Apples and Horses

Yesterday, while a break from canning, was a whirlwind of activity.  Living in the middle of nowhere means that it takes forever to drive to somewhere!  An hour trip north to the hospital to get my films for Dr. Foote.  A short jaunt over to the library – made much longer by the construction project that took a five-lane road down to two lanes, after which the older of my daughters had an appointment.  Seems like we had another stop in there, too.  Whew!  It was nice to finally get home.

Oh, and I don’t think I’ve mentioned yet that we got two new horses.  Neither came with tack, so we headed back out yesterday afternoon, south an hour this time, to visit the tack store.  We decided that getting everything done in one day would be better than having to go out again today.


The paint is easy to spot – the other horse is just to its left, under the apple tree.  Thanks to the horses, we will only have a half-crop of apples from this tree: the top half.  Horses ate everything they could reach!

Today we’ll pick the rest of the apples.  We also have trees to which the animals don’t have access. The younger kids will get to spend tomorrow peeling apples.  My husband will spend the weekend filling the woodshed, and the older kids will go with him so I’ll lose part of my help.

My freezers (we have three) are full!  We have enough beef to last until spring, a few meals of steelhead, a few meals of chinook salmon, a bit of corn, and tons of zucchini.  My children claim that they never want to see another zucchini!

We usually do plums and peaches, too.  Unfortunately, our plum tree only has two plums this year.  After the apples are all done we’ll buy a few boxes of peaches to can.  I still have a couple dozen jars left from last year, so won’t need to do quite as many as usual.

What’s the Point?

Glad you asked.  The whole point of posting this here:  I’m finding ways to make these huge projects easier on my joints.  Sitting in one place for long periods of time to cut/peel/chop/etc. leads to stiffness and difficulty moving.  So I don’t sit.  Instead of working one particular spot on our assembly-line process of getting food from the garden into the freezer/cellar, I do different tasks for a short time-period, frequently moving from one task to the next.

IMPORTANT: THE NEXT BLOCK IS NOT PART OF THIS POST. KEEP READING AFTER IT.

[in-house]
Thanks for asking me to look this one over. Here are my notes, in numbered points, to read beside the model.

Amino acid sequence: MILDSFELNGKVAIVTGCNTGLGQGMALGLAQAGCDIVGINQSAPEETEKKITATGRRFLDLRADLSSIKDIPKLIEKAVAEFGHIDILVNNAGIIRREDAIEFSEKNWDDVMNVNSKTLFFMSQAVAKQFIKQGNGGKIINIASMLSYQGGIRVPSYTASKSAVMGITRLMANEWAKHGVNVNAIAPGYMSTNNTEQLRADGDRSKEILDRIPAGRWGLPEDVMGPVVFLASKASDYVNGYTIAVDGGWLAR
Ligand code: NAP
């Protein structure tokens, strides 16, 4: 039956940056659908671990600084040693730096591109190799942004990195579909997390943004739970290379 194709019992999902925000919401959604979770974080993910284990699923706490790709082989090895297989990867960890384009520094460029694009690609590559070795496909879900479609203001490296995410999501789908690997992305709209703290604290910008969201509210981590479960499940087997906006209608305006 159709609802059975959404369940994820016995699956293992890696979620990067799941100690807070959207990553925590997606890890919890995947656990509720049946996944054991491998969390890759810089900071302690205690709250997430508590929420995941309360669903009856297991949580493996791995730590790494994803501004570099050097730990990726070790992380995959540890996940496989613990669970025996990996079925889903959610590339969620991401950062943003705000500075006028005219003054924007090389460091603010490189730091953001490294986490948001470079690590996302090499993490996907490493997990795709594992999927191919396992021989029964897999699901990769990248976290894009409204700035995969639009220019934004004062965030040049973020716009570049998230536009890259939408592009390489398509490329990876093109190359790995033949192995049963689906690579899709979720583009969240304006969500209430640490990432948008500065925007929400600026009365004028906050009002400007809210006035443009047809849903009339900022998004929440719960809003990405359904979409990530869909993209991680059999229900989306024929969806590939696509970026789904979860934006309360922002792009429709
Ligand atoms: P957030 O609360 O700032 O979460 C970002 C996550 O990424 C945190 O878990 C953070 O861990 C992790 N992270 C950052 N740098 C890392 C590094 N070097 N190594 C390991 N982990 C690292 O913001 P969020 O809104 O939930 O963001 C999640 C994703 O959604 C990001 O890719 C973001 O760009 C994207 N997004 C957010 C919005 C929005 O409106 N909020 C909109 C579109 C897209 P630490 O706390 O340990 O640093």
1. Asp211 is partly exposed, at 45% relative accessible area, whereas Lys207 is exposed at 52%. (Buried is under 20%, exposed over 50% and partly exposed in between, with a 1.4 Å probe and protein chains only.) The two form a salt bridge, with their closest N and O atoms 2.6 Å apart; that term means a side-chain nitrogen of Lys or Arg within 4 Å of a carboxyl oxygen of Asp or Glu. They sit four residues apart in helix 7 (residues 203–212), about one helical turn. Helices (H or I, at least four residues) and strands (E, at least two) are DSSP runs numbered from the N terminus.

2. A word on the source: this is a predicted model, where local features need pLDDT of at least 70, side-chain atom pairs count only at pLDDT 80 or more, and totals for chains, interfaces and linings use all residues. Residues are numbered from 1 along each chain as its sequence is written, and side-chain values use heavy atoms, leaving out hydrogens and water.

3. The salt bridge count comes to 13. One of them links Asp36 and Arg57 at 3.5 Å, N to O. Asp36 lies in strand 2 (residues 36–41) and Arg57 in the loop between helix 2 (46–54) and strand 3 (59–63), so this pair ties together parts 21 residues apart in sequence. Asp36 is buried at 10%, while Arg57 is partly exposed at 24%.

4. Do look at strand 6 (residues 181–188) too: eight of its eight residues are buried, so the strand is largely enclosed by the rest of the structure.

The kids sit at the table for their tasks (cutting corn off cobs, peeling/slicing apples, slicing/grating zucchini (and the occasional knuckle).  I get the food ready for the kids and carry it to the table.  The kids fill bowls; I fill bags/jars/pans and cart it away.

It’s much easier when I keep moving.


Too Much

Ever since my rheumy increased my ssz from bid to tid, I’ve been tempted to quit my meds completely.  I haven’t done it, but I’ve sure been tempted.  A zillion different vitamins plus prescriptions for three pills with breakfast, two with lunch, and five with dinner.  It’s just too much.

toomanypills 002

I’ve dropped the vitamins, reducing my pill count to ten per day.  That’s still an awful lot of medication to swallow.  There are days that I never want to see another pill.

* * *

For the past seven years, I’ve taken my children with me to the local nursing home once a week. 

We’ve met many people with great life stories.  Among them are those who were afflicted with RA before treatment from DMARDs* existed.  I’ve seen their hands and wheelchairs.

Not too long ago I talked to a dear lady who was extremely upset that she’d be getting a permanent catheter – because of her RA.  It was just too hard for the staff to help her to the bathroom, but she couldn’t go by herself, and she couldn’t use a bedpan.

I know what can happen with untreated/undertreated RA.  It’s not an abstract theory — not some scare tactic that I’ve heard from an old guy in a white coat.  I’ve seen it myself.

* * *

I think about those wonderful old ladies in the nursing home.  I think about their hands, deformed so greatly that they can barely operate the joystick on their electric wheelchairs.  No holding a book or writing a letter.  No knitting.  No typing on the computer.  No playing the piano or violin or guitar.  No swimming.  I think of a permanent catheter.  I think of not being able to pick apples with my kids.

Maybe those pills aren’t too much, after all. 

Edited 9/5/09
Disease Modifying Anti-Rheumatic Drugs – medicines that alter the normal course of crippling rheumatoid arthritis